Stanisław Lem enters deep cryogenic sleep

It takes the death of one of my favourite authors to coax me back, albeit briefly, into cyberspace. I’d never had known, but that a geek over at the BBC had seen Solaris, or possibly was just a big George Clooney fan, and noted Lem’s death.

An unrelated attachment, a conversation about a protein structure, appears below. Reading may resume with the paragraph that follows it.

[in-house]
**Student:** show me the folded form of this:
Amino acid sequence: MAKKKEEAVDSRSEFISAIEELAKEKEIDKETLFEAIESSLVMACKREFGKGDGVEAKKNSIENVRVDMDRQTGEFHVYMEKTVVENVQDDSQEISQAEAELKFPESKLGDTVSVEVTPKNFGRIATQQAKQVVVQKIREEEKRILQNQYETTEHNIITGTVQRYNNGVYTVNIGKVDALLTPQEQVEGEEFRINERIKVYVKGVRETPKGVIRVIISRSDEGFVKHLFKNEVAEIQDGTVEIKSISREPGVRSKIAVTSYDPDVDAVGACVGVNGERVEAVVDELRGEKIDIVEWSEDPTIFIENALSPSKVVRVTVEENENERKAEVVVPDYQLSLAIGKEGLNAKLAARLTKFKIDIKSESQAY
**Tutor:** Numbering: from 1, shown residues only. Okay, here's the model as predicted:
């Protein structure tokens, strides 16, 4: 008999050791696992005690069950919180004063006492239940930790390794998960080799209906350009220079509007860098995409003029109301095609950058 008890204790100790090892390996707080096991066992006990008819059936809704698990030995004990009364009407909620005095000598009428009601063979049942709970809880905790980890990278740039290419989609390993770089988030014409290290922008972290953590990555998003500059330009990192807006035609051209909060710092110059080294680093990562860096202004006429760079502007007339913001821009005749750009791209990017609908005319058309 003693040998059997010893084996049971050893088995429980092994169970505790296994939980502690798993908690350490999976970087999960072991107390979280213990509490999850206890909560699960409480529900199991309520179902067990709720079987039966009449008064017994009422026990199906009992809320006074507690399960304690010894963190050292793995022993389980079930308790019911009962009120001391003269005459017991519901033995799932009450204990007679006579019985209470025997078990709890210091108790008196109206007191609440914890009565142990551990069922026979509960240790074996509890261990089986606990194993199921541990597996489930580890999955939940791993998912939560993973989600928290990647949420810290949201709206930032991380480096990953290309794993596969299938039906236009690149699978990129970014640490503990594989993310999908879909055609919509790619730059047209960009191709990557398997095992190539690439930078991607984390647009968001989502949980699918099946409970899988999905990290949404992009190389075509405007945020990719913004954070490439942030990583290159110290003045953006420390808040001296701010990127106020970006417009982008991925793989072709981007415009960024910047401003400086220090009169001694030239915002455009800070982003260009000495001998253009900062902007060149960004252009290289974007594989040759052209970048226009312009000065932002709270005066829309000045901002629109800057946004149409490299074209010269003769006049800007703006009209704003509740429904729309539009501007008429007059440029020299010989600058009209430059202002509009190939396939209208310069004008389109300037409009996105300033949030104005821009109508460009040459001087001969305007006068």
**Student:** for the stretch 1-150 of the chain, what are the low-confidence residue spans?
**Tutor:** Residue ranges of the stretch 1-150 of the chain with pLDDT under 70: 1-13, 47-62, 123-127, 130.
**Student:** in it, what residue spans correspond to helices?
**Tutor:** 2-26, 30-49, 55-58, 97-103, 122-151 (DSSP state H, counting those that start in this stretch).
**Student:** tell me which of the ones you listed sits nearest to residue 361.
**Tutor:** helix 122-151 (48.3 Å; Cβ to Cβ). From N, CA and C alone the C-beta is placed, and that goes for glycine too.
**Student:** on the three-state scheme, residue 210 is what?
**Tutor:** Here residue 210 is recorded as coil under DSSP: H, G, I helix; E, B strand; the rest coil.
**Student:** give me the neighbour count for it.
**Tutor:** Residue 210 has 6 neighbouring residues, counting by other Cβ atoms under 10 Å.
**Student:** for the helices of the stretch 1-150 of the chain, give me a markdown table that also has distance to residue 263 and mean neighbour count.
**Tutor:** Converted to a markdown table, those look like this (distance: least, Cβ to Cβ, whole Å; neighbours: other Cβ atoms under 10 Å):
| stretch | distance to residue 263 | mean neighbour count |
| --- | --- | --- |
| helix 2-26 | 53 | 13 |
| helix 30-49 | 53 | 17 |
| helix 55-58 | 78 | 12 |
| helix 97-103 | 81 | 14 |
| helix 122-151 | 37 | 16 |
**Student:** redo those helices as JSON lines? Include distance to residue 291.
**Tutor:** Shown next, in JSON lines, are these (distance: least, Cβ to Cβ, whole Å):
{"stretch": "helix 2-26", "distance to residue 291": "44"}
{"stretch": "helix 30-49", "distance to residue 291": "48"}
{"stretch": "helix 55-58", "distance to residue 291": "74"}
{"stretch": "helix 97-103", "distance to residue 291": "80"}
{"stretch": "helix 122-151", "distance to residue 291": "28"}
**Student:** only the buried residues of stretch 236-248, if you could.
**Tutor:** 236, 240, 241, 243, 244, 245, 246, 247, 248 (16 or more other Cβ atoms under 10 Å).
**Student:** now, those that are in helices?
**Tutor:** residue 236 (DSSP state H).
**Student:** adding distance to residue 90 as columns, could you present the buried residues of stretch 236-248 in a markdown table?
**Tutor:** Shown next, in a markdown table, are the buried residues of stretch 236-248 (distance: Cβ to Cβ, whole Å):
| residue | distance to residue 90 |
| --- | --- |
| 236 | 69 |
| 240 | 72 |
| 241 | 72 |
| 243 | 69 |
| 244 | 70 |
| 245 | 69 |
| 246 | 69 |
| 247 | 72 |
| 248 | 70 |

Lem was science fiction’s Pole star and one of Polish literature’s most thoughtful practitioners. Although, like Borges, Le Guin and Philip K. Dick (who denounced Lem to the FBI), he could turn the present on its side, and look at it through the future, he broke with his peers in having a wicked sense of humour. His tales of Pirx the Pilot, Fiasco, and One Human Minute (in which he calculates the breadth and velocity of the jet of human sperm currently being ejaculated) are some of the most darkly comic meditations on philosophy and the Cold War to have made it out from behind the Iron Curtain. We was also deeply critical of American SF, which motivated Dick to mount an attack against him, and which got Lem expelled from the Science Fiction Writers of America. Among the handful to protest this travesty was Ursula K. Le Guin, people’s hero. Lem’s thoughts on the matter: “it would be a lie to say the whole incident has enlarged my respect for SF writers.” Also, he’s the only SF writer to win the Medal of the White Eagle. More at the seemingly official online Temple of Lem.

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